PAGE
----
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Texas Parks and Wildlife seek to protect endangered trout with new fishing regulations

The proposal is to change these regulations for the next two years, in an effort to strengthen the speckled trout population in Texas bay systems.

CORPUS CHRISTI, Texas — Another fish species in the Coastal Bend is currently on the chopping block when it comes to facing a smaller bag limit. 

According to the Texas Parks and Wild Life Department, the proposal to change the size and the bag limit of speckled trout comes after the species was impacted heavily following the February freeze last year.

Its important to note that this is only a proposal from the TPWD, which suggests lowering the bag limit of speckled trout from five-to-three per angler, and raising the size of trout that can be kept from what used to be 15-25 inches to 17-23 inches.

According to Texas Game Warden, Lerrin Johnson this proposal is still in the public comment phase, and they are seeking feedback from local anglers. Johnson said the speckled trout species is seeing a huge decline from their historical averages.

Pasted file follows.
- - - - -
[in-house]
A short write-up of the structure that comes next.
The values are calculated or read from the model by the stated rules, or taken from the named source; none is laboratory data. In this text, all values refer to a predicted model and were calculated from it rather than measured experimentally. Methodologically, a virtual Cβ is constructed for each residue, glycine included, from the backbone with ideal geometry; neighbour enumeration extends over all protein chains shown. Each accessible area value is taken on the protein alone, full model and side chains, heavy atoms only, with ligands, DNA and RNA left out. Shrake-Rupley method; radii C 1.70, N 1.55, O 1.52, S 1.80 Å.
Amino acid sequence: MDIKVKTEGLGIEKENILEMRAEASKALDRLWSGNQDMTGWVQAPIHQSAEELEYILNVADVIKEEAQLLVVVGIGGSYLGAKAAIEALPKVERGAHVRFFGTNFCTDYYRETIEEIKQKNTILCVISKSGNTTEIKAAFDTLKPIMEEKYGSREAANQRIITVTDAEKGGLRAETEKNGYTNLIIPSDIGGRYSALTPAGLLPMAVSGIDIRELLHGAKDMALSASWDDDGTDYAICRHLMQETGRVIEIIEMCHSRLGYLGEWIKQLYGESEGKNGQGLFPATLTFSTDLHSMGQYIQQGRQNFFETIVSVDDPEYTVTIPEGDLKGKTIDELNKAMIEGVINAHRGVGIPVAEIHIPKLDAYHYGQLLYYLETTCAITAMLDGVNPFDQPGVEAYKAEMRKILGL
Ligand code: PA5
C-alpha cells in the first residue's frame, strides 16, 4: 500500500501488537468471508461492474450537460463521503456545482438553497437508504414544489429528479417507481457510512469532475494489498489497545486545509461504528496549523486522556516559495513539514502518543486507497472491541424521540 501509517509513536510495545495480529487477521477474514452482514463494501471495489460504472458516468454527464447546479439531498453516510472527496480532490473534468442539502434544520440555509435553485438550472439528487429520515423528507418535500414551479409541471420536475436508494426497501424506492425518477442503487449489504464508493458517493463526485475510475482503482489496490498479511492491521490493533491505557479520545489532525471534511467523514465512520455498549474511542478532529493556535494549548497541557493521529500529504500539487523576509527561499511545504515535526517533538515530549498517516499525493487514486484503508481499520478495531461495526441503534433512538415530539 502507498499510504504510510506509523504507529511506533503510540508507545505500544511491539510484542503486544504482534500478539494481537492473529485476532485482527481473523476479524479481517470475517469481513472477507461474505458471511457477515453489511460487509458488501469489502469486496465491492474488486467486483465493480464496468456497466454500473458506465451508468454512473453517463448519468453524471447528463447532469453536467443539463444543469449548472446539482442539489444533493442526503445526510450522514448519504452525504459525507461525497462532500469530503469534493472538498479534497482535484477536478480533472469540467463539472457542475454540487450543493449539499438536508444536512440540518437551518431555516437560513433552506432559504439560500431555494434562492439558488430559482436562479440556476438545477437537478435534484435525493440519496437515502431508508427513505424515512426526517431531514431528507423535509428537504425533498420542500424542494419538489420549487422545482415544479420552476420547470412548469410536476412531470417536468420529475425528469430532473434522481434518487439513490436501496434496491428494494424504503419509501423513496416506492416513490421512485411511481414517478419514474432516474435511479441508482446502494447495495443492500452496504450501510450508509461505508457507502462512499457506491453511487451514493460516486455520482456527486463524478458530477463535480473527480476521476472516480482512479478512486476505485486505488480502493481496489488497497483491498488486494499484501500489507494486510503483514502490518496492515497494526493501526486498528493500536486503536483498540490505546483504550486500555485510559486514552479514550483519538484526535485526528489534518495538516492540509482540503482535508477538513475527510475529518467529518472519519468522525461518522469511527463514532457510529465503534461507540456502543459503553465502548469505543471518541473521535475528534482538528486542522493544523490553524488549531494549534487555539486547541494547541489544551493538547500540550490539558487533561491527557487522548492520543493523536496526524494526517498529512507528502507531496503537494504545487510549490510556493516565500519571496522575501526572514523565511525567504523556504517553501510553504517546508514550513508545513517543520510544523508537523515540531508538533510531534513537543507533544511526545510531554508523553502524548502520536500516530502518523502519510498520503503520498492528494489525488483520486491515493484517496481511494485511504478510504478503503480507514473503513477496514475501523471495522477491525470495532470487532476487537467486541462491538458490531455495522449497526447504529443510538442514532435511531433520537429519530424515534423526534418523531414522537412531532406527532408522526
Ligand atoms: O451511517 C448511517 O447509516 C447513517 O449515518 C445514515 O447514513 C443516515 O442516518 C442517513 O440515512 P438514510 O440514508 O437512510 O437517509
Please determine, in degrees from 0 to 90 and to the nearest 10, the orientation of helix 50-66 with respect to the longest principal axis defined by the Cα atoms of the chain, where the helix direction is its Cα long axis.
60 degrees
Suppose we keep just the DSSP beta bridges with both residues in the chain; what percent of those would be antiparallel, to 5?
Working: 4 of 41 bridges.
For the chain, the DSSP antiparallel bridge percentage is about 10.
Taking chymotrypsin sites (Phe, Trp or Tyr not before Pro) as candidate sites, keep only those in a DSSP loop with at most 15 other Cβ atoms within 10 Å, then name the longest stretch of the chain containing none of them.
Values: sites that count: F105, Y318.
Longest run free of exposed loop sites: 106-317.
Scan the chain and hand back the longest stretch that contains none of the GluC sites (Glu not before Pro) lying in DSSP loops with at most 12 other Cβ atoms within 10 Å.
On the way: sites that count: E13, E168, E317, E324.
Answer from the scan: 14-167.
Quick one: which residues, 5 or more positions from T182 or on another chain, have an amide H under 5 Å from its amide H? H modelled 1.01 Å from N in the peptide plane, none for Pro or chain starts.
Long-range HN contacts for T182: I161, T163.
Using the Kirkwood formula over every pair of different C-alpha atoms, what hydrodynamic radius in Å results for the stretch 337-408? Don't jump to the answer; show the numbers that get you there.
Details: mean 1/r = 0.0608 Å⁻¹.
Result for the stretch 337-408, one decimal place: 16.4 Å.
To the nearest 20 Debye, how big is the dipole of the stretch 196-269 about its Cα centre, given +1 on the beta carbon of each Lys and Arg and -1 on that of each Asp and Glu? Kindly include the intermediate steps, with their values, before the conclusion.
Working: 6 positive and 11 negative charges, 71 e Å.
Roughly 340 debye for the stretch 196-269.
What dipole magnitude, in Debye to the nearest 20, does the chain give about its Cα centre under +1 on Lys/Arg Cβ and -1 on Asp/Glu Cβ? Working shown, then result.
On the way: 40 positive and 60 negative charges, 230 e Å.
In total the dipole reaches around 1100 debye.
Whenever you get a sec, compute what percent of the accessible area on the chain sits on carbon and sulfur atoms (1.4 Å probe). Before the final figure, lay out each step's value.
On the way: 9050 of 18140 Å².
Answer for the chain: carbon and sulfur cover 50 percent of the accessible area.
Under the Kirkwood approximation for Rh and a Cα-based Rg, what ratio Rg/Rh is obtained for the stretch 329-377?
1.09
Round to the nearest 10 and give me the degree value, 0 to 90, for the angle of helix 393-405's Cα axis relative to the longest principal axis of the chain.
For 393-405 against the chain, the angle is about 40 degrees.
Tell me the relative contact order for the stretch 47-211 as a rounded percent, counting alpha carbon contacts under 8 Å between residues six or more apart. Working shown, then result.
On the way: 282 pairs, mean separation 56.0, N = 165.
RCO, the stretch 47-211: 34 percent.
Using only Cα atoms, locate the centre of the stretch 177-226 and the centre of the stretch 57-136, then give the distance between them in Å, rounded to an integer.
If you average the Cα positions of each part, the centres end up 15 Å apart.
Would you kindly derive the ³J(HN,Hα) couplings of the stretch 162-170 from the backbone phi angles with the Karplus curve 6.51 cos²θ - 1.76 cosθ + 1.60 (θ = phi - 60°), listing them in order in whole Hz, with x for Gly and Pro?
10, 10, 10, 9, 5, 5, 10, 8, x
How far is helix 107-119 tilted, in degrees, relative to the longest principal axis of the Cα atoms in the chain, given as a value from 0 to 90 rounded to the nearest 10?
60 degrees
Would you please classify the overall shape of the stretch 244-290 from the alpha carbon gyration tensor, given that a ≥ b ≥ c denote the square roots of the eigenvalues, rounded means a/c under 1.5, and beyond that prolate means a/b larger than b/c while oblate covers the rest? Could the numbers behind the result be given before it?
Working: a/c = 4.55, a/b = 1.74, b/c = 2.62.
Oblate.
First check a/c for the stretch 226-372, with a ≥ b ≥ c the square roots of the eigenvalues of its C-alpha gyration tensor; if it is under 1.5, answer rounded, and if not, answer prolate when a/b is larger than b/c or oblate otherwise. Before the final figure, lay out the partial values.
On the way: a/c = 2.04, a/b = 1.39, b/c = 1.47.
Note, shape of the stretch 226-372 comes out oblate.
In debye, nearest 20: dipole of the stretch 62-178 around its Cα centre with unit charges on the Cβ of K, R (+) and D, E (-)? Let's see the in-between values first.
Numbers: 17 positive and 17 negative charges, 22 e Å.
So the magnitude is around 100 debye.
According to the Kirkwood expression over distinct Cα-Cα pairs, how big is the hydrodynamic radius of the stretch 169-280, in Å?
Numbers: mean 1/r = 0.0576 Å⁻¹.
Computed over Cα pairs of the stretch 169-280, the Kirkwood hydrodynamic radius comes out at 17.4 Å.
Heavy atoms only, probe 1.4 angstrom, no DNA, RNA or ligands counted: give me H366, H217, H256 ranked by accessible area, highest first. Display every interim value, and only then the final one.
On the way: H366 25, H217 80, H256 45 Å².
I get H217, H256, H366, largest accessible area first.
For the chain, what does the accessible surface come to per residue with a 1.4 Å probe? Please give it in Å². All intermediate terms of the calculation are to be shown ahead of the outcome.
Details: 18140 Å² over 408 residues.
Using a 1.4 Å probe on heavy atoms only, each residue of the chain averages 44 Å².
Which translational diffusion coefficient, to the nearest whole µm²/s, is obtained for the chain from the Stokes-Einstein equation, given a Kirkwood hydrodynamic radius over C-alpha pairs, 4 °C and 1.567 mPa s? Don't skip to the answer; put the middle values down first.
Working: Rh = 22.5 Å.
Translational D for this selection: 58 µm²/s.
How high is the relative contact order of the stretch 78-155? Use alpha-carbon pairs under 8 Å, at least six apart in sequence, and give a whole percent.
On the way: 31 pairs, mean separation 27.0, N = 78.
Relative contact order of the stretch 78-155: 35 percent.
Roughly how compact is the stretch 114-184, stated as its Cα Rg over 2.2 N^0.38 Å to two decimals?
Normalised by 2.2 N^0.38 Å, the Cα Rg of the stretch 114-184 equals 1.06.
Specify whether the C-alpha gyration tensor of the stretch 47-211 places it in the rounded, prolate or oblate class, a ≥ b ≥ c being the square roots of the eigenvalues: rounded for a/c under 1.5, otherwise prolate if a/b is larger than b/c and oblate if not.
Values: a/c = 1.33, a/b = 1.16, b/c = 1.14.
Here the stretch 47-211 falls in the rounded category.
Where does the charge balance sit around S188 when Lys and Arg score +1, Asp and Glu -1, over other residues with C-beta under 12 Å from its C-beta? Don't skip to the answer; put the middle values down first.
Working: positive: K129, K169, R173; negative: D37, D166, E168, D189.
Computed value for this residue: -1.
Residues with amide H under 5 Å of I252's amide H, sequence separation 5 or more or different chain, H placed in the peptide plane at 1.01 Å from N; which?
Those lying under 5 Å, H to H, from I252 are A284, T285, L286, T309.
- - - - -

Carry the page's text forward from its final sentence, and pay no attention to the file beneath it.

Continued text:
"Our parks and wildlife fisheries division does not want to see a full closure," Johnson said. "Because that would effect small businesses, families everything like that." 

The proposal is to change these regulations for the next two years. In an effort to strengthen the speckled trout population in Texas bay systems, which include the Corpus Christi and Aransas Bay, along with the upper and lower Laguna Madre. 

"The freeze last year took away quite a bit of our population of trout which had been building up over the last few years to one of the all time highs," Johnson said. 

Local fishing guide, Joey Farrah said although it was devastating to see such a decline in the population, the goal now is not just about building back the population. 

"It's more about conditioning the anglers to be sportsman instead of just a harvest of sea trout," Farrah said. 

Farrah adds that fishing guides might have to overcome and adapt if these new regulations go into effect, but it's for the greater good of the fish and their longevity.

"Our biggest responsibility as a fishing guide is to educate our clients," Farrah said. "It's not about how many fish you bring home, it's about the experience of how many fish you touch that day and release. Not just the ones you hang up dead." 

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